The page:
Chaining dogswhile unfortunately legal in most areas, is one of the cruelest punishments imaginable for social animals who need and deserve companionship, exercise, and mental stimulation. It can also turn dogs into ticking time bombs: Many people, especially children, have been bitten, mauled, or killed by chained dogs. Similarly, keeping dogs in crates or cages prevents them from satisfying all their needs and is just a way for guardians to ignore and warehouse their dogs until they get around to taking care of them properly.

Birds don't belong in cageseither. Bored, lonely, denied the opportunity to fly or stretch their wings, and deprived of companionship, many birds become neurotic—pulling out their own feathers, bobbing their heads incessantly, and repeatedly pecking at the bars of their cages.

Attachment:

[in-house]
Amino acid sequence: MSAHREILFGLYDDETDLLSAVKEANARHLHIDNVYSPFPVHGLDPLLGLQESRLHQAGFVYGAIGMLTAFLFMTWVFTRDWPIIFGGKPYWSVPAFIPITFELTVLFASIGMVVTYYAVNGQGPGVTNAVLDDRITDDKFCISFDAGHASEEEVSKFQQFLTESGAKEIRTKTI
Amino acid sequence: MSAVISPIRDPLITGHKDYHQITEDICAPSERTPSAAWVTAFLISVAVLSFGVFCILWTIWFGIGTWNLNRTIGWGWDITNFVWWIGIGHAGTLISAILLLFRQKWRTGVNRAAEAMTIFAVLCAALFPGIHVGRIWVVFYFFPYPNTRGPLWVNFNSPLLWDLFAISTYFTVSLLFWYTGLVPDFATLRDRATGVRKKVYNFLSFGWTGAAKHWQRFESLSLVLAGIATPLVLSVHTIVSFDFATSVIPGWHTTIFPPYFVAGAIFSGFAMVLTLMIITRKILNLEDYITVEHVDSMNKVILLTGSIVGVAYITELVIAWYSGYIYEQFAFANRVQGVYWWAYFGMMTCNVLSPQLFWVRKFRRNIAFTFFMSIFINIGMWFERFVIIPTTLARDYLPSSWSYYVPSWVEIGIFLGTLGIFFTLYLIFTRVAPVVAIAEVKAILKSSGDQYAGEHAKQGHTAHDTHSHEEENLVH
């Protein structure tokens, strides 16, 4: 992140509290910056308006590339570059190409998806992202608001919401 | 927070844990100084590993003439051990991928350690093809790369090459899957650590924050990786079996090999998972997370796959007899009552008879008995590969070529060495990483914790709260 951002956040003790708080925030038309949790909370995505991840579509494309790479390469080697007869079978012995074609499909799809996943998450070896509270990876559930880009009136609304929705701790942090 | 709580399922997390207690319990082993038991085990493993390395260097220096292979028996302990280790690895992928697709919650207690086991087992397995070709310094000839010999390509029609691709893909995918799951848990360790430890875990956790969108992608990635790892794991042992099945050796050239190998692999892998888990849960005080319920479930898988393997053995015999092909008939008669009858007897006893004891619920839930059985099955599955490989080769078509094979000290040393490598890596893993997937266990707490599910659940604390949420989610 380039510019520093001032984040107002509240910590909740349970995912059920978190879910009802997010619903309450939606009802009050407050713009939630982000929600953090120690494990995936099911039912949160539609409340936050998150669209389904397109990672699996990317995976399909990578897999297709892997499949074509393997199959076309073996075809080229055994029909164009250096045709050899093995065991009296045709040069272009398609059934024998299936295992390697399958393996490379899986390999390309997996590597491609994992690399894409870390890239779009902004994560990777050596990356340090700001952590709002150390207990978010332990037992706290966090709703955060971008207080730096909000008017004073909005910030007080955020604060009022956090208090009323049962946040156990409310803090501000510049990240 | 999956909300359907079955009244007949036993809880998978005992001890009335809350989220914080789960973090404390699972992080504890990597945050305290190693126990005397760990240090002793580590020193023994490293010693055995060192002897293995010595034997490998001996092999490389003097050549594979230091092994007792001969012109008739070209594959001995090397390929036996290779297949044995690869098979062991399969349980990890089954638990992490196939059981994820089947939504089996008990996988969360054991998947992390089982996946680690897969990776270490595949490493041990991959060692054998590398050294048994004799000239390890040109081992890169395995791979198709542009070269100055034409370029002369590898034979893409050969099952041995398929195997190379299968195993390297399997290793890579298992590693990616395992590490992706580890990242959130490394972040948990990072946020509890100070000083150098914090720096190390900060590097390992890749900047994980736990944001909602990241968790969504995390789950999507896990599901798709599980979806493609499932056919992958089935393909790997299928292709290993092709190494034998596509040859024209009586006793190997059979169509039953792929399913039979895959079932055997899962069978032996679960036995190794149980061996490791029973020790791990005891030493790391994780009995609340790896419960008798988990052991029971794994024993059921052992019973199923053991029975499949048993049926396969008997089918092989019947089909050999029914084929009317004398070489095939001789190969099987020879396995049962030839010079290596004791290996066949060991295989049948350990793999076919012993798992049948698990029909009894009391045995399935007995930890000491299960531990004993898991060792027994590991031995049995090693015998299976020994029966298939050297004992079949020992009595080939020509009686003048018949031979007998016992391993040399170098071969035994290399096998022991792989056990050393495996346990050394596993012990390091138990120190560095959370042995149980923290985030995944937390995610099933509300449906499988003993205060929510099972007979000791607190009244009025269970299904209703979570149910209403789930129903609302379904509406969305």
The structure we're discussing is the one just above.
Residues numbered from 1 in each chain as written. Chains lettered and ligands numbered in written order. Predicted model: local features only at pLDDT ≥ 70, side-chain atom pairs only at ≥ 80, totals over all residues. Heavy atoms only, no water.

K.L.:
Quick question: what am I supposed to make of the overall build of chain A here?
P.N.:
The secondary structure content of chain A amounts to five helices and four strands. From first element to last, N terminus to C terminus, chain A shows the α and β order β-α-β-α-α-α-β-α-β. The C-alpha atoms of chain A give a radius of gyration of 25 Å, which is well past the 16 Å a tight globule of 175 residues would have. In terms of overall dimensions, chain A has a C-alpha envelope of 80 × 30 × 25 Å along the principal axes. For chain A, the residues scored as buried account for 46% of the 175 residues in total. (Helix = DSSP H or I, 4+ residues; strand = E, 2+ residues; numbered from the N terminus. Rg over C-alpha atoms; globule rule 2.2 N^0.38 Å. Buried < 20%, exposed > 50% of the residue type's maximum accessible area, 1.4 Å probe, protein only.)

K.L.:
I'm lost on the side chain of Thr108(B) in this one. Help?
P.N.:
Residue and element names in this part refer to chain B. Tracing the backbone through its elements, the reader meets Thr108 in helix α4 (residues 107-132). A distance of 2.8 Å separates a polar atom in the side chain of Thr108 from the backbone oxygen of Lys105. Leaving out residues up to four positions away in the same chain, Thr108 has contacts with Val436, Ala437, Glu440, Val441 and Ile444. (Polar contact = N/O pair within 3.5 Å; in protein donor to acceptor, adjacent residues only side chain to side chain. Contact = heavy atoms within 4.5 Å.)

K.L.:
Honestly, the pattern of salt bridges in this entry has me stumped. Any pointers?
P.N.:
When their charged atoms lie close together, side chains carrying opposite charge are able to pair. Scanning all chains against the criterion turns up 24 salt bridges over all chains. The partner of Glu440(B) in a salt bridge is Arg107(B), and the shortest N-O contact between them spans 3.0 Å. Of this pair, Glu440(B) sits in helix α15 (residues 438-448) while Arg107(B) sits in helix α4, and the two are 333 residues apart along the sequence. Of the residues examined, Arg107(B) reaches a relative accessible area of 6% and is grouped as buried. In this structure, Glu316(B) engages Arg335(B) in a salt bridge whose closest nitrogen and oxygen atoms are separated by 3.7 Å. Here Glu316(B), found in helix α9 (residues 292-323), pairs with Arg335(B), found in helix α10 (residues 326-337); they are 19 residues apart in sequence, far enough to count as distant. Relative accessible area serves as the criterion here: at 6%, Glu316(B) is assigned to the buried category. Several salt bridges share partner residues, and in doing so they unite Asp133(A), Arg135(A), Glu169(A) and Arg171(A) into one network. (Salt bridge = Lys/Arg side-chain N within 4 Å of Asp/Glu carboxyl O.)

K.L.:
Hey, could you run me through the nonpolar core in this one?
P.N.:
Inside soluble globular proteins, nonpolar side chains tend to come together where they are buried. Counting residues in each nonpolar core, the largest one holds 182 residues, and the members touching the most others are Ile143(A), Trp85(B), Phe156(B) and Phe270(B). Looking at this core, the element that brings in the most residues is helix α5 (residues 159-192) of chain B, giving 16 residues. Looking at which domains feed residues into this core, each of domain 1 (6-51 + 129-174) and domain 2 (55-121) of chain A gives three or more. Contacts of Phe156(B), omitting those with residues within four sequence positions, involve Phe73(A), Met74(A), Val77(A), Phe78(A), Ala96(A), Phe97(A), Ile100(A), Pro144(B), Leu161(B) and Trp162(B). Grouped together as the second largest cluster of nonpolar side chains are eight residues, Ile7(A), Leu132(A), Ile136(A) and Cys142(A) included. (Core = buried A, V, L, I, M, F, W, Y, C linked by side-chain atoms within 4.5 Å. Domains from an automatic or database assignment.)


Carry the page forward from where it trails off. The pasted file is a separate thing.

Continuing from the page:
Declawing, another cruel practice performed only for the convenience of the cat’s owner, is a painful mutilation that involves 10 individual amputations—not of the nails but of the ends of the toes themselves (bone and all). The long-term effects of declawing include skin and bladder problems and the gradual weakening of cats' legs, shoulders, and back muscles. Declawing is both painful and traumatic, and it has been outlawed in Germany and other parts of Europe as a form of cruelty.

Cruel, unnecessary surgeries that are performed on dogs, including ear-croppingtail-docking, and debarking, are so painful and traumatic to dogs that they are banned in many countries, but they remain legal in the U.S.